Walesa Takes Steps Against Parliament

WARSAW -- Facing moves by President Lech Walesa to dissolve parliament unless his coalition steps down, Polish Prime Minister Waldemar Pawlak on Friday defiantly rejected any prospect of quitting.


"I will not give in to activities which lead to conflicts and unrest," Pawlak told a news conference after returning home from a visit to the United States.


Walesa began the formal process Thursday of dissolving parliament, saying he would only relent if it dumped the ruling coalition of the ex-communist Democratic Left Alliance and Pawlak's smaller Polish Peasant Party.


The move by Walesa, who believes Pawlak is delaying market reforms, evoked loud protests from the main parties, which say the president's legal pretext for winding up the legislature was flimsy and created the risk of a constitutional crisis.


"There is common opposition to (Walesa's) plan to illegally dissolve parliament and there is a shared opinion that this aim poses an unprecedented threat to Polish democracy," Lower House Speaker Josef Oleksy told reporters Friday.


Oleksy, an ex-communist, said that if Walesa went on with attempts to scrap parliament it would haul him before the State Tribunal, a court which may also be used to try General Wojciech Jaruzelski for imposing martial law in 1981.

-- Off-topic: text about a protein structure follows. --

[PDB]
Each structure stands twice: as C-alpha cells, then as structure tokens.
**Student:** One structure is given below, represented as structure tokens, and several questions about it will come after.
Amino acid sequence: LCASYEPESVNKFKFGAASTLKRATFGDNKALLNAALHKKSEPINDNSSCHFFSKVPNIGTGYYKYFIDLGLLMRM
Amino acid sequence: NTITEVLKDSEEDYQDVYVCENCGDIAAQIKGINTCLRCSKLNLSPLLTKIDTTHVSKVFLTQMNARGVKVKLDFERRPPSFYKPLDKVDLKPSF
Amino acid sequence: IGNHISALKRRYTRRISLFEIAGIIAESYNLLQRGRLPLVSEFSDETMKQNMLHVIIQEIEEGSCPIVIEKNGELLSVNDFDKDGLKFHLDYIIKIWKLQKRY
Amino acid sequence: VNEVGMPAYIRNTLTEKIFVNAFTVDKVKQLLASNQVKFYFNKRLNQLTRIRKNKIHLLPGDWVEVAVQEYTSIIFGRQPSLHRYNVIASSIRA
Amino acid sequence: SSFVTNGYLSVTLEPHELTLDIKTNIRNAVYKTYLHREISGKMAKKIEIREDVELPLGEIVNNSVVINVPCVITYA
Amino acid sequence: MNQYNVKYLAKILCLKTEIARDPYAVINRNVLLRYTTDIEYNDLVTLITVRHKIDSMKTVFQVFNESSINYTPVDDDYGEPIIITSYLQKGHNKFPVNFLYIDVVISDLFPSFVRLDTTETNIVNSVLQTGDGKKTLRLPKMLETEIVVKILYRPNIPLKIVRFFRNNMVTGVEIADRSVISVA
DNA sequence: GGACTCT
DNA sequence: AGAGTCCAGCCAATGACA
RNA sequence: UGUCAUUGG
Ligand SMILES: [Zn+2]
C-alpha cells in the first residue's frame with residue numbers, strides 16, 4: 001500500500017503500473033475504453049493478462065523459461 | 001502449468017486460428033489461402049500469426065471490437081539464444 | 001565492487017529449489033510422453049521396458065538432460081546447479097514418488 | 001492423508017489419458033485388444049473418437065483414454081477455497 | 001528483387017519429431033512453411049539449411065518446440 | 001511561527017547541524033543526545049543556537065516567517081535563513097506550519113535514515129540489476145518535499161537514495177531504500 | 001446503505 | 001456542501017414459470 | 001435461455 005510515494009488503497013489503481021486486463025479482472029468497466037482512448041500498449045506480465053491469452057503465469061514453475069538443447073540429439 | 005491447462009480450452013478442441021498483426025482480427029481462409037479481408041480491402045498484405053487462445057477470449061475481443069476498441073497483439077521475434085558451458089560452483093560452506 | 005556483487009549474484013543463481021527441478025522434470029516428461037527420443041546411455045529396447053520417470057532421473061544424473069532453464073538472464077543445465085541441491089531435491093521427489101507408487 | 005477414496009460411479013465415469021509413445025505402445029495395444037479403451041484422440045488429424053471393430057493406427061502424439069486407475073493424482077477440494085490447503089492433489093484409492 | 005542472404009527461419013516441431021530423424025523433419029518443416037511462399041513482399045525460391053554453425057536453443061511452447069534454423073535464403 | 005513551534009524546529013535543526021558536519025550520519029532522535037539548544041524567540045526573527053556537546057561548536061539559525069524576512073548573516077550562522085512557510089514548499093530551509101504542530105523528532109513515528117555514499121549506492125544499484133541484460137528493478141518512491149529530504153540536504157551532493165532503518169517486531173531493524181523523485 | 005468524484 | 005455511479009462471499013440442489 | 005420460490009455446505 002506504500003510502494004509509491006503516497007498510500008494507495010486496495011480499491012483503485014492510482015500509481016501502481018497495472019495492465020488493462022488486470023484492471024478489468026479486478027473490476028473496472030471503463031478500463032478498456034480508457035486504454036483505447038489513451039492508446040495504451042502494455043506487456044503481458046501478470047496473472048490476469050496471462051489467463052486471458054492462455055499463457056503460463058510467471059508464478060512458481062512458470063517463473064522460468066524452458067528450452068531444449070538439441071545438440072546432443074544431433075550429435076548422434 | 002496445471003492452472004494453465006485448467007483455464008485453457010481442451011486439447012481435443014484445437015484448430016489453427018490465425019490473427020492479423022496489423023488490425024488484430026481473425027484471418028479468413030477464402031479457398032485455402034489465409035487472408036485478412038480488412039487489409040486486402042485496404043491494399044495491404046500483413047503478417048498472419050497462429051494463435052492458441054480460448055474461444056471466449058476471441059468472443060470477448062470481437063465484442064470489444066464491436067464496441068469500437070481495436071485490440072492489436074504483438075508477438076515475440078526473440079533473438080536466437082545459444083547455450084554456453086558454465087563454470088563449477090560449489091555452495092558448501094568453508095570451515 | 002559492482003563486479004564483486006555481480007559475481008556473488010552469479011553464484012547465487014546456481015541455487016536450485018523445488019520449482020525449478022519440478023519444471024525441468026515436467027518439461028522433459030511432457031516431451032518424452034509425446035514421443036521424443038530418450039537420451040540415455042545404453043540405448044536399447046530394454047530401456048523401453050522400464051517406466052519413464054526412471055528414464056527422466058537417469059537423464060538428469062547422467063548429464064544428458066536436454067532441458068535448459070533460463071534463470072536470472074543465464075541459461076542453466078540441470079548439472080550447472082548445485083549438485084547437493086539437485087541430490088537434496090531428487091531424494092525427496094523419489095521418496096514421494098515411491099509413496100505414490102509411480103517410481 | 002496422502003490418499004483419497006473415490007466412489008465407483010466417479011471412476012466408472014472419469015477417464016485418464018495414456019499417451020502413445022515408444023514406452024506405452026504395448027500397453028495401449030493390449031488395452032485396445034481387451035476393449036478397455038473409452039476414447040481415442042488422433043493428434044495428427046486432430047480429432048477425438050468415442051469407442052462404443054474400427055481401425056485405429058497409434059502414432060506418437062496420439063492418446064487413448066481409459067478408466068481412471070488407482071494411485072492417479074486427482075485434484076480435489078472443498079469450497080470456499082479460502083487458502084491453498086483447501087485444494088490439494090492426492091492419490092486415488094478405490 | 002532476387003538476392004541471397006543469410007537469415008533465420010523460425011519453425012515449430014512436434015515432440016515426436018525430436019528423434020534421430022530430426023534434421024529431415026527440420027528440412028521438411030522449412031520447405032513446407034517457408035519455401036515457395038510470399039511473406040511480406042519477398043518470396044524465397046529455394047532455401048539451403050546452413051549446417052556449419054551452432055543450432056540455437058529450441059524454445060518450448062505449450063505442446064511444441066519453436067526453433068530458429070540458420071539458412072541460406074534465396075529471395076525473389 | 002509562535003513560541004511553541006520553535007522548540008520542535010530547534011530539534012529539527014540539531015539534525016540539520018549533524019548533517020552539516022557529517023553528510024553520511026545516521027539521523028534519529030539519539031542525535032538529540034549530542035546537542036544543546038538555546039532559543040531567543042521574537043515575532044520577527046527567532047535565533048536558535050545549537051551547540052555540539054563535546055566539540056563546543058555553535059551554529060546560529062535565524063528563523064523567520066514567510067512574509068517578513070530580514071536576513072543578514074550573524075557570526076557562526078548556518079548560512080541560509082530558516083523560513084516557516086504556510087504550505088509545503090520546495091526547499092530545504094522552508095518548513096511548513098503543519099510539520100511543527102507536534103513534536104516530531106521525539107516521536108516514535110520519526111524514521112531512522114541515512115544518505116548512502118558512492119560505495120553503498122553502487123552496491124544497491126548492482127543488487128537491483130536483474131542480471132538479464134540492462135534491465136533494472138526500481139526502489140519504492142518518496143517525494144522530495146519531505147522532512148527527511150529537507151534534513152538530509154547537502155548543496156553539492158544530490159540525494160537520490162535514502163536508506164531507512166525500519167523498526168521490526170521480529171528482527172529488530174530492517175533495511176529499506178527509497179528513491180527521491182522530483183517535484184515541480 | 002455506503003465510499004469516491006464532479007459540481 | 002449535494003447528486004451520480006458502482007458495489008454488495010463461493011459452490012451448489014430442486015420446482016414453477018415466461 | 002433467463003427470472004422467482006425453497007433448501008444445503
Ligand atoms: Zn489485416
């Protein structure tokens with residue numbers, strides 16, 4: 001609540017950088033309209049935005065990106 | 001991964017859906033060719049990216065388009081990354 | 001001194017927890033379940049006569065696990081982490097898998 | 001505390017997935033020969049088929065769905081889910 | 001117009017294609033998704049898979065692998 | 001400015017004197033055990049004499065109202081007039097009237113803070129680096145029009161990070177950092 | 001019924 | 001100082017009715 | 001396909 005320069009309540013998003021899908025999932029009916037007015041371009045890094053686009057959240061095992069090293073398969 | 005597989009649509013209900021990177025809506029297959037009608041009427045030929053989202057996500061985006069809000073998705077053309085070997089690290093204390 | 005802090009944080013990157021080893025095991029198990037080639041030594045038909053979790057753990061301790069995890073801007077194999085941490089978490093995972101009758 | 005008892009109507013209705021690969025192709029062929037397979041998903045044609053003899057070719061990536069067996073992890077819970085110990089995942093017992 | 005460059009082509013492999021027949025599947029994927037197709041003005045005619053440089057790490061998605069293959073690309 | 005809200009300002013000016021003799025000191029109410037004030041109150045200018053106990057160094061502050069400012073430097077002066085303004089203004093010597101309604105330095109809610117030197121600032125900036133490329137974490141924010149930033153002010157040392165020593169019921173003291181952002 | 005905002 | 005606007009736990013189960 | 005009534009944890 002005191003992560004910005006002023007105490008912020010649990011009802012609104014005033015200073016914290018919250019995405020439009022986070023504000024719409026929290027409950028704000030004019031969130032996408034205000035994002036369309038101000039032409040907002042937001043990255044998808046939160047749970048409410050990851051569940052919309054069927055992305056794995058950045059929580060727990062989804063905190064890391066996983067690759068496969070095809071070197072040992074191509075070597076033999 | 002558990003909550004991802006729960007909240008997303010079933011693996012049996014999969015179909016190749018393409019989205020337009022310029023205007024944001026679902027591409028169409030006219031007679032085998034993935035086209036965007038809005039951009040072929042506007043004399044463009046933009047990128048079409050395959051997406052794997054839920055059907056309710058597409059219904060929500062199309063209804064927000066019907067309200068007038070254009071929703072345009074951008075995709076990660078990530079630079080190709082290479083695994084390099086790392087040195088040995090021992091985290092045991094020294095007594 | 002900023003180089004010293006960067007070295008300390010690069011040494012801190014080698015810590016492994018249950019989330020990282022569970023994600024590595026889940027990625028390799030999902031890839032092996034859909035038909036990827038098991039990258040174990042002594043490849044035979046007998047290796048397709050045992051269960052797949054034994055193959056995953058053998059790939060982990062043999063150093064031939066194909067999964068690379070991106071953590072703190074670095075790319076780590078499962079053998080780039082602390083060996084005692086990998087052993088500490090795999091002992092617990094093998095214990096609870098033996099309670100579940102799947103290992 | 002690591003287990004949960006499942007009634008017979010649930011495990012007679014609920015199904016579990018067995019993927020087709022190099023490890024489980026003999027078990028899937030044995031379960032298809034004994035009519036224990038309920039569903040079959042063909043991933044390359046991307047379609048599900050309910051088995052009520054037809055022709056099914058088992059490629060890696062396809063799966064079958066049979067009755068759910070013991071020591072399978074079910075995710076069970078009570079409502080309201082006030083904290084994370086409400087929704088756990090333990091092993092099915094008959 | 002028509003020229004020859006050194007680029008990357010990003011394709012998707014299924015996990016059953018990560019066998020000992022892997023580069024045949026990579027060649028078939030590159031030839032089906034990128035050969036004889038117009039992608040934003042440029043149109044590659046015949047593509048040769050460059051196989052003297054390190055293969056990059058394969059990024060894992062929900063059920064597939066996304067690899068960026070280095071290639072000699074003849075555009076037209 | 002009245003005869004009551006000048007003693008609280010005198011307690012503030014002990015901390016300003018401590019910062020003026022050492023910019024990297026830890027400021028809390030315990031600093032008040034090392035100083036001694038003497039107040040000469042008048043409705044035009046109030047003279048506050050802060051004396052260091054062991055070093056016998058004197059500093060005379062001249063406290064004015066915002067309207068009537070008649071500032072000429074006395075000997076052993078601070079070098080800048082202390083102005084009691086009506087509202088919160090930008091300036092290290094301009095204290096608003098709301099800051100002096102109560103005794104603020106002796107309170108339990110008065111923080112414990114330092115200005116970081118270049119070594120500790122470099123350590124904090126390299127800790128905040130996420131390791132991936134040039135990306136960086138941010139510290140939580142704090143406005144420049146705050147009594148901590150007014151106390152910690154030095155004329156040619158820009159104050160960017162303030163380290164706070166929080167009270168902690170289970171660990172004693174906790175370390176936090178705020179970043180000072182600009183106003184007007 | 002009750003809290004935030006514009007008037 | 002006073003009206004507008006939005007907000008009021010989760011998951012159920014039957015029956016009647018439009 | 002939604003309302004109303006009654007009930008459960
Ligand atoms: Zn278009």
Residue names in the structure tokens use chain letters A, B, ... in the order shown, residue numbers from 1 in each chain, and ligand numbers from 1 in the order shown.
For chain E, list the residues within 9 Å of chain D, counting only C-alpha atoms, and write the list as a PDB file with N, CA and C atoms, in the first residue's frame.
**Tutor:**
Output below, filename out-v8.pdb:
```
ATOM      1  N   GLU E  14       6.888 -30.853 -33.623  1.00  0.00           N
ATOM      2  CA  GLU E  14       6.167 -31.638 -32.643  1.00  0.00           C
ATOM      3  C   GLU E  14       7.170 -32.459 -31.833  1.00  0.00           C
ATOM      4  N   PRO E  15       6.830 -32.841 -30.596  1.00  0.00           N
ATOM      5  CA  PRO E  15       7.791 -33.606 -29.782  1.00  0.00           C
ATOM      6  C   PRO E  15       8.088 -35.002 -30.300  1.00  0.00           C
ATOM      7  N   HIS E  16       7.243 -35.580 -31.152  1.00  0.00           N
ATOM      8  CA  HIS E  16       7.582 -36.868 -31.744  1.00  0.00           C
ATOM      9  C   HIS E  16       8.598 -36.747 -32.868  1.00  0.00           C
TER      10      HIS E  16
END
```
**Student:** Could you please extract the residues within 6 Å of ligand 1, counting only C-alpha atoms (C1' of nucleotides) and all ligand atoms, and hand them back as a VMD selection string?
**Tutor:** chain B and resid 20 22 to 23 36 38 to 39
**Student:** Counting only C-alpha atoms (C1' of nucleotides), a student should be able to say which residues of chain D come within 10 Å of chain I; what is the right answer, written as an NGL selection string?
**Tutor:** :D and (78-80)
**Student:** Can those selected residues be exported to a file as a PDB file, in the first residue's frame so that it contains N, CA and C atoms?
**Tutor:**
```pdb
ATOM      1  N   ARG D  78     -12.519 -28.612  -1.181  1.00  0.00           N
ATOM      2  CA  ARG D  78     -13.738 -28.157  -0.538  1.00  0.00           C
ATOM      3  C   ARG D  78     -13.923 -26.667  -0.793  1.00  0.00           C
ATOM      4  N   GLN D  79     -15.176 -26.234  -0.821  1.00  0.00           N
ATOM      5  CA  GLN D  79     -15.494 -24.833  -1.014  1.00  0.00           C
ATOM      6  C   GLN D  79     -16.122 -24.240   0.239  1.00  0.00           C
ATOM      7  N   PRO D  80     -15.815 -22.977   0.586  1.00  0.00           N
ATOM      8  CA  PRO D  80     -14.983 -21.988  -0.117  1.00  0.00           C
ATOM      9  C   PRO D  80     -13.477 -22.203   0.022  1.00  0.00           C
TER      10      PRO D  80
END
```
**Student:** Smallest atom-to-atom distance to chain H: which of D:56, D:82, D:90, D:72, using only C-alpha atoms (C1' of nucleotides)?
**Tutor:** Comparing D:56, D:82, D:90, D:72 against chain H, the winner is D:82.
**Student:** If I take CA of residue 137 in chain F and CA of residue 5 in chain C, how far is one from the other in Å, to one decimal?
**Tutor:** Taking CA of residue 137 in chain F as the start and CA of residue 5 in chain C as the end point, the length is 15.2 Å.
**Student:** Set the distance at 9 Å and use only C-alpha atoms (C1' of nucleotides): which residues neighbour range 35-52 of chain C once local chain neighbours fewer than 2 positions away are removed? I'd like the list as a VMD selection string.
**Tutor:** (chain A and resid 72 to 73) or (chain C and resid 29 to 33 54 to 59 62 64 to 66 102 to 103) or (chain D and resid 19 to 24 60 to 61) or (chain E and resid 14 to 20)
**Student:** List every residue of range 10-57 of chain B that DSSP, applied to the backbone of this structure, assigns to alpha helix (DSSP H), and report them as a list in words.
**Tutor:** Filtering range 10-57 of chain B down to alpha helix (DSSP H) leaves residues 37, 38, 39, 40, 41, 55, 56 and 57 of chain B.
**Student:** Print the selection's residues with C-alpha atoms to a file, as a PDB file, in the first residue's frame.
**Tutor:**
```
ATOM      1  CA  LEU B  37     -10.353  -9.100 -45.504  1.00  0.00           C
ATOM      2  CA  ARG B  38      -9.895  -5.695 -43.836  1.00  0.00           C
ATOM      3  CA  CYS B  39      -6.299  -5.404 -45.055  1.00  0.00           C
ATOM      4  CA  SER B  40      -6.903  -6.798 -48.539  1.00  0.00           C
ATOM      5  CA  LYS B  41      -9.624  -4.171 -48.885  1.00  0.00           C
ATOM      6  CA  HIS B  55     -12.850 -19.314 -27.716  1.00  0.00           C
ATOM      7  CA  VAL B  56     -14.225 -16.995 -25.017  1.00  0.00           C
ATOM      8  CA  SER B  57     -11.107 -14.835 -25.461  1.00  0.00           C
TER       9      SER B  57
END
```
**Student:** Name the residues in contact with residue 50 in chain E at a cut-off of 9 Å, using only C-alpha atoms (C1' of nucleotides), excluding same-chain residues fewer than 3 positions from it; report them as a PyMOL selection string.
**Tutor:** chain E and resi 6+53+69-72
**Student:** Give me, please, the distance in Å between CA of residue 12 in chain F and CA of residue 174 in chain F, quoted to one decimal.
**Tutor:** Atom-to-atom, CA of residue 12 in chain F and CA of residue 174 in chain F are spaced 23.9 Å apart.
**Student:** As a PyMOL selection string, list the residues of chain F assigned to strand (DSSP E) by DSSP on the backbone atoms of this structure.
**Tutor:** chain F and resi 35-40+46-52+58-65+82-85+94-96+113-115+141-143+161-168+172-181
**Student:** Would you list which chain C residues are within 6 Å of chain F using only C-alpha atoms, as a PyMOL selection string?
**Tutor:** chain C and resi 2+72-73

The lower house approved a constitutional amendment Friday allowing it to continue passing some legislation after it is dismissed and until a new house is elected. The amendment, overwhelmingly approved,must still clear the Senate and be signed by Walesa. Given the tension between president and parliament, that could take weeks.


Walesa has challenged the government's 1995 budget bill before the country's constitutional tribunal, delaying its final approval beyond a three-month deadline and thereby giving himself a debatable pretext for dissolving parliament.


He says this is the only way he can oust Pawlak, whom he accuses of delaying economic reforms and running a government in which some ministers stand accused of corruption.


The president has tried, so far in vain, to persuade the SLD, or Democratic Left Alliance, to break with Pawlak's party and form a pro-reform cabinet. Walesa and Pawlak have also clashed over the vacant cabinet posts of defense and foreign affairs, with Walesa saying Pawlak wants to rob him of a say in these appointments.


Pawlak flew to the United States earlier this week having discussed two compromise candidates with Walesa, without publicly naming them or fully consulting the SLD.


Newspapers reported that Pawlak's suggestion for defense minister was rightist politician Romuald Szeremietiew, causing uproar in the SLD which fiercely opposes the choice. SLD leader Aleksander Kwasniewski hinted Thursday that Walesa may yet secure his aim of splitting the coalition if the reports about Szeremietiew proved true.


But Pawlak told reporters Szeremietiew had never been on the list of three candidates he would formally propose to Walesa later Friday.